Leonard F. Johnson

Oconee Enterprise
Friday, August 5, 1927
Page One

Editor Johnson Taken By Death

Hon. L.F. Johnson, editor of the Oconee Enterprise and Senator from the 27th district, died at his home here Thursday morning after several weeks illness.

Mr. Johnson is survived by his wife, Mrs. Maggie Johnson; two sons, Ferdinand, 17, and J.W., 13; one daughter, Miss Mildred, 18; and a large circle of family connections.

Funeral services were held Friday afternoon at 3:00 o'clock from the Watkinsville Methodist church, Rev. J.W. McWhorter, of Winder officiating. Masonic rites and interment in the Watkinsville cemetery.

Oconee Enterprise Friday, August 12, 1927
Page One


"For some we loved, the lovliest and the best That from his vintage rolling Time has past, Have drunk their cup around or two before, And one by one crept silently to rest"

The death of Leonard F. Johnson occurred at his home in Watkinsville, August 4, 1927. Without murmer or complaint he stood at his post and bore his suffering till it was not possible to go longer. For months after he was stricken with fatal malady he continued to publish the Enterprise, not once complaining of illness. He worked till the very last of his strength was exhausted, and when at last he fell upon his bed it was but to wait for the final summons.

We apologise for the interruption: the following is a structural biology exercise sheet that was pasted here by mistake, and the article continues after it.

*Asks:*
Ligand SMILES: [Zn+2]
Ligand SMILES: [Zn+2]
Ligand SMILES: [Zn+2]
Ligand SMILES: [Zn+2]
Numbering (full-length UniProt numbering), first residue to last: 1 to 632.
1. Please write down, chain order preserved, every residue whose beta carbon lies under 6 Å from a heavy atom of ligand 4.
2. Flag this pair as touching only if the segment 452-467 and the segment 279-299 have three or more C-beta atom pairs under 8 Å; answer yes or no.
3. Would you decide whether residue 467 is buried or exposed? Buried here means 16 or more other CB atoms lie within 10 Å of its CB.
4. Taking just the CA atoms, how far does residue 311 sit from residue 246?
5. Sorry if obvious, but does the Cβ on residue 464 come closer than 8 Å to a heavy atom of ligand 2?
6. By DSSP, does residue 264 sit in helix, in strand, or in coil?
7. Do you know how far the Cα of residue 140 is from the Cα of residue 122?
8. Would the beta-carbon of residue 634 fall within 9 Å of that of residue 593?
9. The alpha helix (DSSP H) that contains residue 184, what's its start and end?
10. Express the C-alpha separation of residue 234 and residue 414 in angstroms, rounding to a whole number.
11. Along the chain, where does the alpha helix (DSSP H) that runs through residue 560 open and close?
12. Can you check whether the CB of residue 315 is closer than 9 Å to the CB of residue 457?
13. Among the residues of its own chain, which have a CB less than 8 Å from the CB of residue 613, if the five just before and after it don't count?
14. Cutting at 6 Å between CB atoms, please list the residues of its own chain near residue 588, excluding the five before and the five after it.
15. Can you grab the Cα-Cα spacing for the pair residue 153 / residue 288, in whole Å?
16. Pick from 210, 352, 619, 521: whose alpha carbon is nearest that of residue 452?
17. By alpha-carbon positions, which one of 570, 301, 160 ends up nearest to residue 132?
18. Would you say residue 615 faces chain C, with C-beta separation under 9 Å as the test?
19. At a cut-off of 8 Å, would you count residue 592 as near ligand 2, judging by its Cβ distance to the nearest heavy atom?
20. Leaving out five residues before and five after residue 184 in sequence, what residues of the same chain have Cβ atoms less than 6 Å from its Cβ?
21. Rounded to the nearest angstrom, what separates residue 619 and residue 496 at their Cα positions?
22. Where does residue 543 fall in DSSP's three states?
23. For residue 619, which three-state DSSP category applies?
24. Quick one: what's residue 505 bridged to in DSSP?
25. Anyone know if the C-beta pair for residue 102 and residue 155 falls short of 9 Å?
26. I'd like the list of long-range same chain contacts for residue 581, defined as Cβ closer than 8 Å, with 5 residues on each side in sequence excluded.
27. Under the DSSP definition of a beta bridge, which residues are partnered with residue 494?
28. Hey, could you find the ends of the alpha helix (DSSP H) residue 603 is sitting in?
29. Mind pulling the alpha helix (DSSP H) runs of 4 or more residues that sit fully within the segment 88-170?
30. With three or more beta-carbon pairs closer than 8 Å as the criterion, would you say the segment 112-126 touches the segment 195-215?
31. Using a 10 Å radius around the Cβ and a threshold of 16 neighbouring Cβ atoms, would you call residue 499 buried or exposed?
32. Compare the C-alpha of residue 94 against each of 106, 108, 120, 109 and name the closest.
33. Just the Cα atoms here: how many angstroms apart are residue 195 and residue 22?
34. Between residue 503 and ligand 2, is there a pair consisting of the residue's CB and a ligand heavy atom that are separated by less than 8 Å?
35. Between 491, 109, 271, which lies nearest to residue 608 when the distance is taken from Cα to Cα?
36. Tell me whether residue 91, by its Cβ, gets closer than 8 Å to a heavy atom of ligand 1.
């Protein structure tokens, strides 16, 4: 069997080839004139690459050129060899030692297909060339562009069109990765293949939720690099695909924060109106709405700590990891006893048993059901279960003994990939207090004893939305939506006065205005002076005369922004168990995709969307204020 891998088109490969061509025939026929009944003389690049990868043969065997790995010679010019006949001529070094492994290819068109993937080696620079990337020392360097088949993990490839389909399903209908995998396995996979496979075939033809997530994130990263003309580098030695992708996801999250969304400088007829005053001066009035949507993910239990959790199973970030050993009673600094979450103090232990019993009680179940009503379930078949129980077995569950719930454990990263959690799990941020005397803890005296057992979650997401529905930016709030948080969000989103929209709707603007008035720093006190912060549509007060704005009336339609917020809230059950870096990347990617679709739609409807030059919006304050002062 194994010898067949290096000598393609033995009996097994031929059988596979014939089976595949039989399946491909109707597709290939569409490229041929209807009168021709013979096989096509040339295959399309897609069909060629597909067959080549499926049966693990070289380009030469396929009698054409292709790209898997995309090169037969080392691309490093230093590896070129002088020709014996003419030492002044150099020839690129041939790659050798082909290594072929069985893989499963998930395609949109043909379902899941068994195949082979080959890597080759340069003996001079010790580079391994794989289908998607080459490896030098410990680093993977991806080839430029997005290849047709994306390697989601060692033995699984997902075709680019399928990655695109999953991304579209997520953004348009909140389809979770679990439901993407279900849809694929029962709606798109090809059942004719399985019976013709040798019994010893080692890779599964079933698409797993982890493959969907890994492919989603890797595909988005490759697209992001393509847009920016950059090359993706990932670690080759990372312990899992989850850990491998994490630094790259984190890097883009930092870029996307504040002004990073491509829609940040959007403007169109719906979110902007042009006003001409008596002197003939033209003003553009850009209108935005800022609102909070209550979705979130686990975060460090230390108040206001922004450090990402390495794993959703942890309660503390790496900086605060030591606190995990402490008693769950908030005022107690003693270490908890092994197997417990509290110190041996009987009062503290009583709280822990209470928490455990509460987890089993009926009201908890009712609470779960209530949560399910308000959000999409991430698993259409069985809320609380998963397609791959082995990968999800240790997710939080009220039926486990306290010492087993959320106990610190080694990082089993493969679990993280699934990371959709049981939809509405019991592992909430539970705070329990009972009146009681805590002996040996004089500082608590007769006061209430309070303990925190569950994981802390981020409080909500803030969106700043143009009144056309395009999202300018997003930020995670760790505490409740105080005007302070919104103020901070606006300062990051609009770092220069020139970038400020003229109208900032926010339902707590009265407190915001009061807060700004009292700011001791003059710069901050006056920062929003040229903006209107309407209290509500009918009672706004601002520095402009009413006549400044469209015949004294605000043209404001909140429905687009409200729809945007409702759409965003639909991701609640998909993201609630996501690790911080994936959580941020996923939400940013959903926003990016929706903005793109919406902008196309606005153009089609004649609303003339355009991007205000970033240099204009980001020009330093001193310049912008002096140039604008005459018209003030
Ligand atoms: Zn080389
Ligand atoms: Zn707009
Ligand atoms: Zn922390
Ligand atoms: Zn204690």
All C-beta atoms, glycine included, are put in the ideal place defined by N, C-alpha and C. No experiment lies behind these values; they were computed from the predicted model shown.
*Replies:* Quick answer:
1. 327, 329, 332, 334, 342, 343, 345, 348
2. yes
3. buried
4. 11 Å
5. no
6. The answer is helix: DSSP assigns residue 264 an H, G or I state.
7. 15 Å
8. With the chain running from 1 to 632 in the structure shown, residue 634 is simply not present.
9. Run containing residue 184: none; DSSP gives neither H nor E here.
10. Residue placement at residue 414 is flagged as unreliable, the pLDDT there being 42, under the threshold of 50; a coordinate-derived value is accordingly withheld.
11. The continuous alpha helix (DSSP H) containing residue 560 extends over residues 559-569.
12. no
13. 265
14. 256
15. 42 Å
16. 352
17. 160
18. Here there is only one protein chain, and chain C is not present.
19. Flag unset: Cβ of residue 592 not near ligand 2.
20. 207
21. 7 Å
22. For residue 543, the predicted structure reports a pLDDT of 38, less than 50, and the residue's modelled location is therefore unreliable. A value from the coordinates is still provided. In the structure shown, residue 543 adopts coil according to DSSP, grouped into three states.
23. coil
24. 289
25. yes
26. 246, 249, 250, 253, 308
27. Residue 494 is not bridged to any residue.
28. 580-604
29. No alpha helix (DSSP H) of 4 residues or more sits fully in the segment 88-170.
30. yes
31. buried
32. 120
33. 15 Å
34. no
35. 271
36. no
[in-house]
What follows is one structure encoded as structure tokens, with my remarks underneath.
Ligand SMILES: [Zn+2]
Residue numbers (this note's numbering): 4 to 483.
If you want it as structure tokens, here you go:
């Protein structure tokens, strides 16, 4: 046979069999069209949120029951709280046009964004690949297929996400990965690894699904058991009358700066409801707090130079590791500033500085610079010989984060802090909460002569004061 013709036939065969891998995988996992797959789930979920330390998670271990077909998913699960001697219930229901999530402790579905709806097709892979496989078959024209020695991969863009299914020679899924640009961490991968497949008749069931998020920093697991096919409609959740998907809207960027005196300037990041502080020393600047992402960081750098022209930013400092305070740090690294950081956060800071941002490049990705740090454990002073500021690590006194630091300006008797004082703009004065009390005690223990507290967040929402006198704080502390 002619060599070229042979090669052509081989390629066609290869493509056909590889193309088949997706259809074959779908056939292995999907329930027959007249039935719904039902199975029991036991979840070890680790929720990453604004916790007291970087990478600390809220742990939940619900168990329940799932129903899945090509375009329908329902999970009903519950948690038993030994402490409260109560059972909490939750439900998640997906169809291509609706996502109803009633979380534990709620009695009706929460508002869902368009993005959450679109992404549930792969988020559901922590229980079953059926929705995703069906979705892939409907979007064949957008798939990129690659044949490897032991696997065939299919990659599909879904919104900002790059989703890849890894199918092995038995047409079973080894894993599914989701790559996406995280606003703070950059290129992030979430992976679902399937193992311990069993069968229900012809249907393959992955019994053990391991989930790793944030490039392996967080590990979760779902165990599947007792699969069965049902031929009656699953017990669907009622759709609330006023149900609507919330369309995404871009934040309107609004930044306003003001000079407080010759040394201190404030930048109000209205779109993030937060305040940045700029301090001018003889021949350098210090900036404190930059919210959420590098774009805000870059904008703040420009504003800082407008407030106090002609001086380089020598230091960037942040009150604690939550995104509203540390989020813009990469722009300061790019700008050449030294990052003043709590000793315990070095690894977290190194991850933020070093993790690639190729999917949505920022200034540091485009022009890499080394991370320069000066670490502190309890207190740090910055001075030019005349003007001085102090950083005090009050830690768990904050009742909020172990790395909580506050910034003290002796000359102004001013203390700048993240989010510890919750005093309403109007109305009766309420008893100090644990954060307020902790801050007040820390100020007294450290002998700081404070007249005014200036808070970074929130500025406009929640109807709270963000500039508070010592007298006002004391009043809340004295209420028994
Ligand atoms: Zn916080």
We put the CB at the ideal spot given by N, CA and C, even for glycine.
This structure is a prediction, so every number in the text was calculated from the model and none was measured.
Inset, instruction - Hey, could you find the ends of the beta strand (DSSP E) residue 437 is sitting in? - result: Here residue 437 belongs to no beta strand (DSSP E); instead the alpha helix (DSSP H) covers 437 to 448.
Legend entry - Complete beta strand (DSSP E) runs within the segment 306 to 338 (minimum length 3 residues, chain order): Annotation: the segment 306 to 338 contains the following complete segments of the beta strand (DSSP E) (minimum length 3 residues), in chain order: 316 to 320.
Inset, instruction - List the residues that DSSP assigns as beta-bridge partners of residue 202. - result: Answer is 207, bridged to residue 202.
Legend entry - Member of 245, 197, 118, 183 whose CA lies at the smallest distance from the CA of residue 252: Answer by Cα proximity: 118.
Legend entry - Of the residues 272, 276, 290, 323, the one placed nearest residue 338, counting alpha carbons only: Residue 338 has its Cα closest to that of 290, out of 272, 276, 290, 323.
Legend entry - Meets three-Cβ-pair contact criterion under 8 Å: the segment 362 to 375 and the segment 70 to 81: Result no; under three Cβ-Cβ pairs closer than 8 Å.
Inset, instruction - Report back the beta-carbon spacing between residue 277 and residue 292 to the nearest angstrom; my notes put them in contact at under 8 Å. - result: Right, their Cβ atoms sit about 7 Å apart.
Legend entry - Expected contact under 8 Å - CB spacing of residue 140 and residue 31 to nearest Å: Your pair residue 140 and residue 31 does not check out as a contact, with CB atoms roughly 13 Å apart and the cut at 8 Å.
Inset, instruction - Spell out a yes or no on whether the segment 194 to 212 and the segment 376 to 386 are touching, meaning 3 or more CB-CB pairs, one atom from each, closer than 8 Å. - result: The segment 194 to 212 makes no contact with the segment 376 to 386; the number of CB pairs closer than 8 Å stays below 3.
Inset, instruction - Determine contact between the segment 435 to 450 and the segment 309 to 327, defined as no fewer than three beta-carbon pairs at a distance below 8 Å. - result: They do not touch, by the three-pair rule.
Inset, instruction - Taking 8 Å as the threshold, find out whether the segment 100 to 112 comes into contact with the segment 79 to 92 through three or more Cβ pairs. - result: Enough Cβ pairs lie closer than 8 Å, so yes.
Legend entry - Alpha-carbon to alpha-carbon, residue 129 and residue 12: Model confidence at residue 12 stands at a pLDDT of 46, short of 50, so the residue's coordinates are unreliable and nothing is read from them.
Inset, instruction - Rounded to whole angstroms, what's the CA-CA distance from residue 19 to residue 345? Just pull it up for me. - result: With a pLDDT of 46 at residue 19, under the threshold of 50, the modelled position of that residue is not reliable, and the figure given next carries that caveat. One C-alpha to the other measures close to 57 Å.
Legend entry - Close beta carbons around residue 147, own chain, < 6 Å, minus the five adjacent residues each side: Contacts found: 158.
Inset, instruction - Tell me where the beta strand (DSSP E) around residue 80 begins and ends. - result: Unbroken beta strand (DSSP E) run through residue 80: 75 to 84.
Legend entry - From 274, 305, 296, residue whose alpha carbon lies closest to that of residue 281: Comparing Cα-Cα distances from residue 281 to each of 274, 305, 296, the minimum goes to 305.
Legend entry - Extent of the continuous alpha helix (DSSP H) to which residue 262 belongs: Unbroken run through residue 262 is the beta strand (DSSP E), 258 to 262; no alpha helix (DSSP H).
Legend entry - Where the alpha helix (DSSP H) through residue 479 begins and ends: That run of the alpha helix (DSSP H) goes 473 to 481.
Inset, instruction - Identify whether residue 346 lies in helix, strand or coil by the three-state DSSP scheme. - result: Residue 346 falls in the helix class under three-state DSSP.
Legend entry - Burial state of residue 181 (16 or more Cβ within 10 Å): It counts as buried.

A member of the State Senate, he planned till the last to attend; but took his bed the week the Legislature convened.

A member of the town school board, he took active part and interest in the affairs of the school as long as he was able to walk. He planned to live and planned for others as it was possible and not once did his closest friend or associate hear from him one expression of gloom or doubt. In living in dying he set an example worthy to be followed.

In nature "Ferd" Johnson was sympathetic and kind. No case of human suffering or misfortune failed to touch his heart. His prompt expression of feeling for the distress of others was in striking contrast with the silent, stoic endurance of his own suffering. His was truly a rare nature that suffered more for others than for himself.

Sincerity and loyalty were traits of character that marked him. Governed and guided always by sincere conviction, motives of policy never spoken, though considerate of opinions of others, his position was the right, he stood loyal and fearless to the last. Victory he always accepted with grace that healed the wounds of the opposition, while defeat was attributer to the Providence that somehow "shapes our ends rough hew them as we may."

His home life was beautiful. The kindest, most affectionate husband and father - no impatient word passed his lips. He gave to his family full measure, of a husband's and father's love and affection.

While the widow and three children mourn his death, to them there must be much of consolation in contemplating his example and character.

For "No life can be pure in its purpose and strong in its strife, and all life not be purer and stronge thereby."